May 24, 2007 7:44 AM PDT

Flawed Symantec update cripples Chinese PCs

A Symantec antivirus signature update mistakenly quarantined two critical system files in the Simplified Chinese version of Windows XP last week, crippling PCs throughout China.

According to the Chinese Internet Security Response Team (CISRT), users of Norton Antivirus, Norton Internet Security 2007 and Norton 360 who installed an antivirus signature update released by Symantec on May 17 could not reboot their PCs. The update reportedly mistook two Windows system files--"netapi32.dll" and "lsasrv.dll"--as the Backdoor.Haxdoo Trojan horse. The two files were subsequently quarantined.

CISRT said the flawed Symantec update affects only users of the Simplified Chinese version of Windows XP Service Pack 2 who have been patched with a particular Microsoft software fix available since November 2006. CISRT noted that this issue has been "huge."

According to CCTV.com, which is part of China's largest national TV network, the problem has affected millions of PCs and was not completely resolved as of Wednesday.

A representative at Symantec Asia-Pacific and Japan confirmed the incident earlier this week, but declined to reveal the number of Chinese Norton customers who were affected. According to Symantec, the problem was caused when Symantec made a change to the automated process used by the company's security response team to detect malicious software.

Symantec said the false detection was immediately removed from the virus signature definitions. Symantec security experts then initiated a LiveUpdate--the company's automated software update process--posting to include the updated definitions. This LiveUpdate became publicly available on May 17, about four and a half hours after Symantec was notified of the issue.

According to Symantec China's Web site, affected customers can resolve the problem by initiating another LiveUpdate, if they have not restarted their PCs after installing the flawed update. Systems that have already been restarted can be returned to the previous state by recovering the two system files from the Windows XP disc.

Aaron Tan of ZDNet Asia reported from Singapore.

See more CNET content tagged:
Symantec Corp., China, Norton Co., antivirus, Microsoft Windows XP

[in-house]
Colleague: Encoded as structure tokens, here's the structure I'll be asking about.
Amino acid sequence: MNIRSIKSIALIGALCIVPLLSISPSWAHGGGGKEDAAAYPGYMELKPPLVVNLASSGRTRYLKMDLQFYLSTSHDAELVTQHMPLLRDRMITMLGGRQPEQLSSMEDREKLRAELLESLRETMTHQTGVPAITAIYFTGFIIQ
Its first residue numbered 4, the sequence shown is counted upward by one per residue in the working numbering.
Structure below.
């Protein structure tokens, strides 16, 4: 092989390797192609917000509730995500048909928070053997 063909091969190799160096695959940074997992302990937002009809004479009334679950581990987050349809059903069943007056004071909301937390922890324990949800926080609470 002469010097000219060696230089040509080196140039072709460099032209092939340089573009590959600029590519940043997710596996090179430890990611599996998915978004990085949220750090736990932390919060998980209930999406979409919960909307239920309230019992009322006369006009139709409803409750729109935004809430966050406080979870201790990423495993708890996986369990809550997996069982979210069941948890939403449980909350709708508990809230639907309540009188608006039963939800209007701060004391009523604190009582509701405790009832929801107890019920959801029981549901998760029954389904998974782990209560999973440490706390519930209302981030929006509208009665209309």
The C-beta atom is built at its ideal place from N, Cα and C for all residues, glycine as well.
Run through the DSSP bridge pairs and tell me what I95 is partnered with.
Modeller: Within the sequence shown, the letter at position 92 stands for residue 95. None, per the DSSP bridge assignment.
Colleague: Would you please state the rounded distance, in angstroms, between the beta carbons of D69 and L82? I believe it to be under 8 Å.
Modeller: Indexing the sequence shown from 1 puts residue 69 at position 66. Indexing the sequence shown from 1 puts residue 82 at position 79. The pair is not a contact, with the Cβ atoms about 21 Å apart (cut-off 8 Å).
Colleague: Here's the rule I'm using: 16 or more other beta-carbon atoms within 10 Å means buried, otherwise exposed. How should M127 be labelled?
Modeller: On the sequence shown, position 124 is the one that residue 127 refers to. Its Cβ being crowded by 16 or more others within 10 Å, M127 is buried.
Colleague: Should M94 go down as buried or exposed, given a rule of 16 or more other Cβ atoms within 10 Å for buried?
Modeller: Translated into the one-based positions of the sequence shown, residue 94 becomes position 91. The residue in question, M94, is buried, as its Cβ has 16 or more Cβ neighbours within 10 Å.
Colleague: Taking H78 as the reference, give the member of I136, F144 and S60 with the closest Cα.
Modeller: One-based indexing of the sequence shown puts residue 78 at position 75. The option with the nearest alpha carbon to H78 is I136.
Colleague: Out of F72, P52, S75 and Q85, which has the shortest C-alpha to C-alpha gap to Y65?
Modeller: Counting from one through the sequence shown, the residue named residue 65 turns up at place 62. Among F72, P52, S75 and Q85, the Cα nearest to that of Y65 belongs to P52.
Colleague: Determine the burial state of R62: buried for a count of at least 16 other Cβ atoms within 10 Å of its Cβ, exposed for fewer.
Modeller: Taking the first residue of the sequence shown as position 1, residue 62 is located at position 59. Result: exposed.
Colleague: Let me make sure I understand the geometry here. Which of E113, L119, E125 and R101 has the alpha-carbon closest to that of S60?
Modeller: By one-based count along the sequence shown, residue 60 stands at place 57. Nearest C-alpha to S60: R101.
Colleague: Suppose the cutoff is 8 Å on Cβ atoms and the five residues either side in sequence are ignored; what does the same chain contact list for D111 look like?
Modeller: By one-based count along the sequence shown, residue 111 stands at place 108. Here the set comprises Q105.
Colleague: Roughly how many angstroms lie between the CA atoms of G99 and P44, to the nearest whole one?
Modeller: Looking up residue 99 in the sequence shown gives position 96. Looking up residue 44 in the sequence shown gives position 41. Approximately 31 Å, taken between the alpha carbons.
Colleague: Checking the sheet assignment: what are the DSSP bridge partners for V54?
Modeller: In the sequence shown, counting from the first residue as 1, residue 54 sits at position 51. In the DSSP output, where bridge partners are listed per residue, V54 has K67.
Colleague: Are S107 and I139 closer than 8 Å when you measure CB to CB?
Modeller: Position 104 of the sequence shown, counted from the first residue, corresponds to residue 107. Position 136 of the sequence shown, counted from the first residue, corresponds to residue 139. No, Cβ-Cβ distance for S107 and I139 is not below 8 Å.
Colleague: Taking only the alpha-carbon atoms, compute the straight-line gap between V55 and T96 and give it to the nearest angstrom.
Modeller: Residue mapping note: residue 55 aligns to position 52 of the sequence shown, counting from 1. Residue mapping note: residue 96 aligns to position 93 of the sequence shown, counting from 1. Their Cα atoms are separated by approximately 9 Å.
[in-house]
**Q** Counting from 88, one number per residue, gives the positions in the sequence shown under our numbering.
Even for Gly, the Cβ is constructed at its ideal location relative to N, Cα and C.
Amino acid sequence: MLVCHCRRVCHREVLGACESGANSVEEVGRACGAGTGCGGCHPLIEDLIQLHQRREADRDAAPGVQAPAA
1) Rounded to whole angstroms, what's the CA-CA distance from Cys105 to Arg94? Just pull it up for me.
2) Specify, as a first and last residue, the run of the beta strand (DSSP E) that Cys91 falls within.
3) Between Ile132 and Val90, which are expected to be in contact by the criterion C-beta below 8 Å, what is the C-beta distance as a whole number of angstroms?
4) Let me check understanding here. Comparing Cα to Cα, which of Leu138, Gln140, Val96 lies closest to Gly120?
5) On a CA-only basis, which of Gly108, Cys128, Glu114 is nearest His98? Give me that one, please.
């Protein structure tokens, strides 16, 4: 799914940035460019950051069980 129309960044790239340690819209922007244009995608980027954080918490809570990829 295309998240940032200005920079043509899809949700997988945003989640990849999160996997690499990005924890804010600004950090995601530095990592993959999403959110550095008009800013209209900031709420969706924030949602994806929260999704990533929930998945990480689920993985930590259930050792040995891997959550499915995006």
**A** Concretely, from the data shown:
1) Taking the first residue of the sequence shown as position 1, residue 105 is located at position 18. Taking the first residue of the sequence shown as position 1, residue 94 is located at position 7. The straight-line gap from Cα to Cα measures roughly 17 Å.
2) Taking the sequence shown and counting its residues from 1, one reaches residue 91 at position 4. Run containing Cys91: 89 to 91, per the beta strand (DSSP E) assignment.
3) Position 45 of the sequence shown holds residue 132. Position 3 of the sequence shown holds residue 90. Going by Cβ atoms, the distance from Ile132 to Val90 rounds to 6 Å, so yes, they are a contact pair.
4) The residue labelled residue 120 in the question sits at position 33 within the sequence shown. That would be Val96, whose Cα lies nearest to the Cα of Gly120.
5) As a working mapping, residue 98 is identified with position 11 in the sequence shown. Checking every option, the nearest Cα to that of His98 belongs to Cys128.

9 comments

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One more reason...
Just one more reason for me to not use Symantec's software! This may have only affected the Simplified Chinese version of Windows XP SP2, but that doesn't mean it couldn't happen to other versions in the future.

Symantec's false positive record is too high for me!
Posted by ddesy (4336 comments )
Reply Link Flag
no kidding..
When the software didn't take up 60+ megs of system memory and all the eyecandy. I have been on the search for virus software that didn't kill the system it was protecting for a long time... Symantec needs to go back to the beginning and make the software less of a hog.
Posted by Astinsan (132 comments )
Link Flag
Stay away
Just one more reason to steer clear of Symantec garbage.

I fix too many infected PC's that became infected under the nose of Symantec (and McAfee) "protection" to give me any confidence in it. That's on top of resource hogging and irritating and unnecessary hampering of harmless processes and applications. Honestly, the freebie stuff out there is much better anyway.
Posted by law_hog (43 comments )
Reply Link Flag
Get Kaspersky For Free
www.activevirusshield.com/antivirus/freeav/index.adp?

1. Ignore the fact that it comes via AOL, they're actually doing something useful here.
2. Resist the offer of a toolbar during installation, it will simply nag you to spend money for something or another.

*** Do use a disposable email address to get the activation code ***
Posted by edgebert (15 comments )
Link Flag
XP disc
which of course many people dont have, cant access because windows is dead, and in most cases have no clue how to access even if they could - lets see - not even sure I would know how to get into the recovery console without looking it up. Th eadministrator password? *** is that? Die symantec die. Of course, if the stories of pirate ware in China are true, then bwaaaaahhhahhhahha serves them right
Posted by gggg sssss (2285 comments )
Reply Link Flag
what a coincidence...
its like the adobe us bill detector ware.. for finding counterfiters.. built into reader... those companys that have so much money they dont know what to do with.. and then they cave into this sicko elitist political power push.. like apple, ms, adobe and the rest.. symantec is no different.. F- em all
Posted by wone123 (32 comments )
Link Flag
So for Anti-Virus security.....
If Microsoft 'protection' doesn't trash your PC and network, then Symantec will step up and do the job.
Posted by broadband123 (1 comment )
Reply Link Flag
So what's new?
I had my first taste of Symantec's "protection" some 7 years ago, while running a small IT business, Symantec pushed out an update to their Enterprise AV product, that crashed NT4 servers.

Needless to say, they were A. unconcerned and B. slow to respond and C. could not understand the fuss.
AS I had recommended the product, my clients saw it as my problem to rebuild their servers - and I lost a couple of clients as well.

There have been a number of such disasters since - but the morons who are supposed to report this stuff, go to the lush seminars and repeat Symantecs copy.

I just avoid their product like the plague
Posted by robtheailean (1 comment )
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